Engineer’s 3D Printed Stop-Motion Videos Capture Internet Audiences

Formnext Germany

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Microelectronic engineer Yuksel Temiz has found a unique application for his 3D printer: stop-motion animation. Utilizing multiple prints of figures in various poses, hundreds of photographs, and custom designed props, the scientist has created dozens of short, charming animations.

Stop-motion, in its most basic form, involves taking multiple photographs of an object in different positions so that when it is edited together it gives the appearance of motion. Using his Creality Ender 3D printer, Temiz has rendered figures on various stages of completion and destruction, manifesting the illusion of transformation in many of his pieces.

Detailing his process on his YouTube channel, the maker reveals that his animation of a cat running was created through the use of a personally designed zoetrope constructed from a leftover filament spool, seven different cat prints and around one hundred photographs.

Temiz’s impressive effects, such as a disassembled Benchy, was created with a specially sliced version of the iconic model held together with magnets and more than 180 different photographs.

While it is easy to be impressed with the time-intensive nature of both 3D printing and stop-motion animation, the real surprise is how Temiz accomplished many of these shots at all. Utilizing a self-built Raspberry Pi camera—complete with LEGO swing arm—Temiz was able to get the perfect shots of his prints.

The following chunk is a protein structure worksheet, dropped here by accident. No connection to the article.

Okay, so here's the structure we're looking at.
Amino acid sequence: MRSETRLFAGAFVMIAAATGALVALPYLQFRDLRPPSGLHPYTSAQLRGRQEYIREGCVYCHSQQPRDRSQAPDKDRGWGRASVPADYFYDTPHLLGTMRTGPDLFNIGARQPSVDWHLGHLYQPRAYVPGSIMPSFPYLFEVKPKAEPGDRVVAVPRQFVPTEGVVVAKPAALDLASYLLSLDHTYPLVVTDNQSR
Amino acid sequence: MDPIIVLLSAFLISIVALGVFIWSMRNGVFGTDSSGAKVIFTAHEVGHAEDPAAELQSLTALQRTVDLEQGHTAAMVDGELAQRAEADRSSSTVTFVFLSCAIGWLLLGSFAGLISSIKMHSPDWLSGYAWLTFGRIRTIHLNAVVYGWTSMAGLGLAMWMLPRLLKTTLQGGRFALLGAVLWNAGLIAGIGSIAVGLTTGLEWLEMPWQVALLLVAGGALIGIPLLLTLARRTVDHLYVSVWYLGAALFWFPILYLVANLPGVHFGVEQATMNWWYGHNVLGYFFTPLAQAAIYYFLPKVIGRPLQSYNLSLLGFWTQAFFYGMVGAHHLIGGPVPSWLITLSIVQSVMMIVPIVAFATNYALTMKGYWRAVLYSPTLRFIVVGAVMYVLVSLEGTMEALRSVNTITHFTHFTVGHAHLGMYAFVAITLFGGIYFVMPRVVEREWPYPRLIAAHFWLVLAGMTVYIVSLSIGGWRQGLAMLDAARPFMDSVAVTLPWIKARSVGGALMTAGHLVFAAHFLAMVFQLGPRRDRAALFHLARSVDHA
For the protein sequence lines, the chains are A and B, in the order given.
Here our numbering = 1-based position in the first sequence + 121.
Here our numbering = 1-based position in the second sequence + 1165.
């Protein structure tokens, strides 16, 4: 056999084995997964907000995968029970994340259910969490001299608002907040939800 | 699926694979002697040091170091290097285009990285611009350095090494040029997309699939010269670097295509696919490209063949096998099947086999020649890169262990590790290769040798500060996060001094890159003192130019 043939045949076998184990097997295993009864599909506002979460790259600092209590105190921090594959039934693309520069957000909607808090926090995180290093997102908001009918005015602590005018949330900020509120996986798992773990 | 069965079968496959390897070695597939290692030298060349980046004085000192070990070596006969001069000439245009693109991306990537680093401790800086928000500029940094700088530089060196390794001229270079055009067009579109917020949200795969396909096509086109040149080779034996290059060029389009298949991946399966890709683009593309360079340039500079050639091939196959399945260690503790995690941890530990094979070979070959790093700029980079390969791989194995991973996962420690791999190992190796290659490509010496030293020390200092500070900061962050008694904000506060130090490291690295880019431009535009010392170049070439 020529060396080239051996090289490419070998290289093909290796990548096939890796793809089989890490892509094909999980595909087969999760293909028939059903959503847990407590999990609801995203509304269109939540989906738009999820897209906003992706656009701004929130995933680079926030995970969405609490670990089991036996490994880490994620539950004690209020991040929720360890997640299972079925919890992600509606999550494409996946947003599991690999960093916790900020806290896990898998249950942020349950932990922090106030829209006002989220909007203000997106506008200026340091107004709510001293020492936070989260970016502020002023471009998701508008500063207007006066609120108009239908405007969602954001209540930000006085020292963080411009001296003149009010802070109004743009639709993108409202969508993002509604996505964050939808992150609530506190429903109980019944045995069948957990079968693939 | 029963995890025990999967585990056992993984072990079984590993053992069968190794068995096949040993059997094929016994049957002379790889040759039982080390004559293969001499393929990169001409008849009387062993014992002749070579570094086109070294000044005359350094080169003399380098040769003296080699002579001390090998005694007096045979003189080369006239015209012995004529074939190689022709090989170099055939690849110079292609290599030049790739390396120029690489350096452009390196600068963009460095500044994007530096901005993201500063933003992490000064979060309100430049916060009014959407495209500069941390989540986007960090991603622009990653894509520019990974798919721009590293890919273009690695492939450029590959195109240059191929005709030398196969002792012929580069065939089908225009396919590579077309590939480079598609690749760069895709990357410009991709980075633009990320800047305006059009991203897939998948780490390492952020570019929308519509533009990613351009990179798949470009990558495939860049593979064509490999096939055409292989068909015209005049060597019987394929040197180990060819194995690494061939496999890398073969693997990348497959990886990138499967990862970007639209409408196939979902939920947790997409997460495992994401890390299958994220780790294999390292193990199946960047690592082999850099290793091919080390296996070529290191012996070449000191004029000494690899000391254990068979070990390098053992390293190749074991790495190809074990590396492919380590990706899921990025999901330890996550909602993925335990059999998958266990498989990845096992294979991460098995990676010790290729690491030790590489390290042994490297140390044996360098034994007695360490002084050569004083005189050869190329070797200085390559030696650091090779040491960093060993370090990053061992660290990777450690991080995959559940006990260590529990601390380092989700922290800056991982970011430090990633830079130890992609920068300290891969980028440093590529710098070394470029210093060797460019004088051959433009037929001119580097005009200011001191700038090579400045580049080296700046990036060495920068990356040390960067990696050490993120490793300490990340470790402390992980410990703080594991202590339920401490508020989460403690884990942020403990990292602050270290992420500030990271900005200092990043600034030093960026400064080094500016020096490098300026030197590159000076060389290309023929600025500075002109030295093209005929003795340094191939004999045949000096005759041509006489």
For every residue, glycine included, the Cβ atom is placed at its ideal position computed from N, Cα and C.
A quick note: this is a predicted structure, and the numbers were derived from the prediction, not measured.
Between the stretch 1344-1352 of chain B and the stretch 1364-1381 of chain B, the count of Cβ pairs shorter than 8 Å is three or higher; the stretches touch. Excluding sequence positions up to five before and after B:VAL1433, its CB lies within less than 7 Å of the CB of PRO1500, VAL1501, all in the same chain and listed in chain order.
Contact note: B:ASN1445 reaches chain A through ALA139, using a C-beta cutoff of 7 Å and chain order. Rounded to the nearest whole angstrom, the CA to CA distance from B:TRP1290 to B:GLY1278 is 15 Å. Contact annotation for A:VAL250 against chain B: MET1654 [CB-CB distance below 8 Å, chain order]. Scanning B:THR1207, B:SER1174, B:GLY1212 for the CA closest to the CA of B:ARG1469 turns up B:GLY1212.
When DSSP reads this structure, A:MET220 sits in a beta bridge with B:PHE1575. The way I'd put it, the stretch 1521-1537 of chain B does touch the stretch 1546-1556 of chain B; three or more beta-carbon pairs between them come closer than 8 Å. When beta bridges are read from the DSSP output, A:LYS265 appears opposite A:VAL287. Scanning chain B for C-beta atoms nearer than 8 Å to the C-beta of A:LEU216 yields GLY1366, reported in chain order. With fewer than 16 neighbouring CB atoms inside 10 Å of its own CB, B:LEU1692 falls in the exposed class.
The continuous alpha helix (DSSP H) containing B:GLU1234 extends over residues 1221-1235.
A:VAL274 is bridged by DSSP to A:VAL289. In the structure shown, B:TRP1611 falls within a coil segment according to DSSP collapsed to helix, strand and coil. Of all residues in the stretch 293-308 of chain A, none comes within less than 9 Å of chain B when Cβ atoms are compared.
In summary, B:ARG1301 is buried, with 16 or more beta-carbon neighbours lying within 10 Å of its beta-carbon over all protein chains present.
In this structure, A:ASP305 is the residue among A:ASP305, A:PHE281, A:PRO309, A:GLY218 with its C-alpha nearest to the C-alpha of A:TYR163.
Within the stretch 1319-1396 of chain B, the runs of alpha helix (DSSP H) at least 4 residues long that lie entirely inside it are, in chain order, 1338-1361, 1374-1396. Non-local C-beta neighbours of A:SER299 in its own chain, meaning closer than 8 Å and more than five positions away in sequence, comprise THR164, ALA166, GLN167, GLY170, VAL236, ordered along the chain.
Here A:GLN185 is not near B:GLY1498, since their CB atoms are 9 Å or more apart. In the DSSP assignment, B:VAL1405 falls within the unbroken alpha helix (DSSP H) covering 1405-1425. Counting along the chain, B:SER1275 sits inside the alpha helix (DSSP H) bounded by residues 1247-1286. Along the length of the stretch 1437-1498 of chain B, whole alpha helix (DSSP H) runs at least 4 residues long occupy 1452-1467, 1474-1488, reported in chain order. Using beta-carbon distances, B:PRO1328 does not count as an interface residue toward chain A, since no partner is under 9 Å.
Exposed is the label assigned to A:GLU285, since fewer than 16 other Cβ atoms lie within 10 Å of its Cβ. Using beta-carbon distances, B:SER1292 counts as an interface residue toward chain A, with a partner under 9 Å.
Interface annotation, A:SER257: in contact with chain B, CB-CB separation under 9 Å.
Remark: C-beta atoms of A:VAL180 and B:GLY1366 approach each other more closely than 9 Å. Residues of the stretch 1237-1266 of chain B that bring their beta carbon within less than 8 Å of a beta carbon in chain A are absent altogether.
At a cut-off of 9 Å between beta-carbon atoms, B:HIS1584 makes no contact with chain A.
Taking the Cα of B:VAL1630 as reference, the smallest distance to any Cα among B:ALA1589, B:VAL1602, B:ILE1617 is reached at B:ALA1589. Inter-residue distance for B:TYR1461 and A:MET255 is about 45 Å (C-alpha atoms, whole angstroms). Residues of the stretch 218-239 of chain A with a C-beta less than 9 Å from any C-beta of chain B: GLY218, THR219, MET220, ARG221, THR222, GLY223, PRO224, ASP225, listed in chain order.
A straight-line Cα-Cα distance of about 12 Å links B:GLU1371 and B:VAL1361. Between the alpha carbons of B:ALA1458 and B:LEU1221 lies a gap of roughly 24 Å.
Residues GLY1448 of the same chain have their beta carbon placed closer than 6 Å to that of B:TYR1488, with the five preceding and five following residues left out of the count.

If this setup seems at all familiar to you, it is because Temiz is no stranger to having his designs go viral, having received attention several years ago for his construction of a microscope from LEGOs, with this camera being designed around a similar concept.

Temiz’s custom camera rig for stop-motion animation.

At a time when the public at large may not fully comprehend the true breadth and utility of 3D printing, it is critical to highlight the work of makers whose prints showcase not just creativity and whimsy, but a desire to connect with the world and people around us in a more bespoke way. Many of the prints featured in Yuksel’s video were custom designed to facilitate the play and growth of his young son. From a light-up hockey puck, to a Tupperware drum machine and a broom handle bicycle connector, this father isn’t just “making toys,” he’s finding a way to connect his own interests with that of his child.

Who knows, given the engineer’s success in DIY stop motion, maybe he’ll be able to work on the next award-winning feature from LAIKA Studios, which relies heavily on 3D printing to produce its films. If so, Temiz may have a chance to get off the desktop and grab the reins of a PolyJet 3D printer from Stratasys, with which LAIKA produces its full-color stop-animation puppets.

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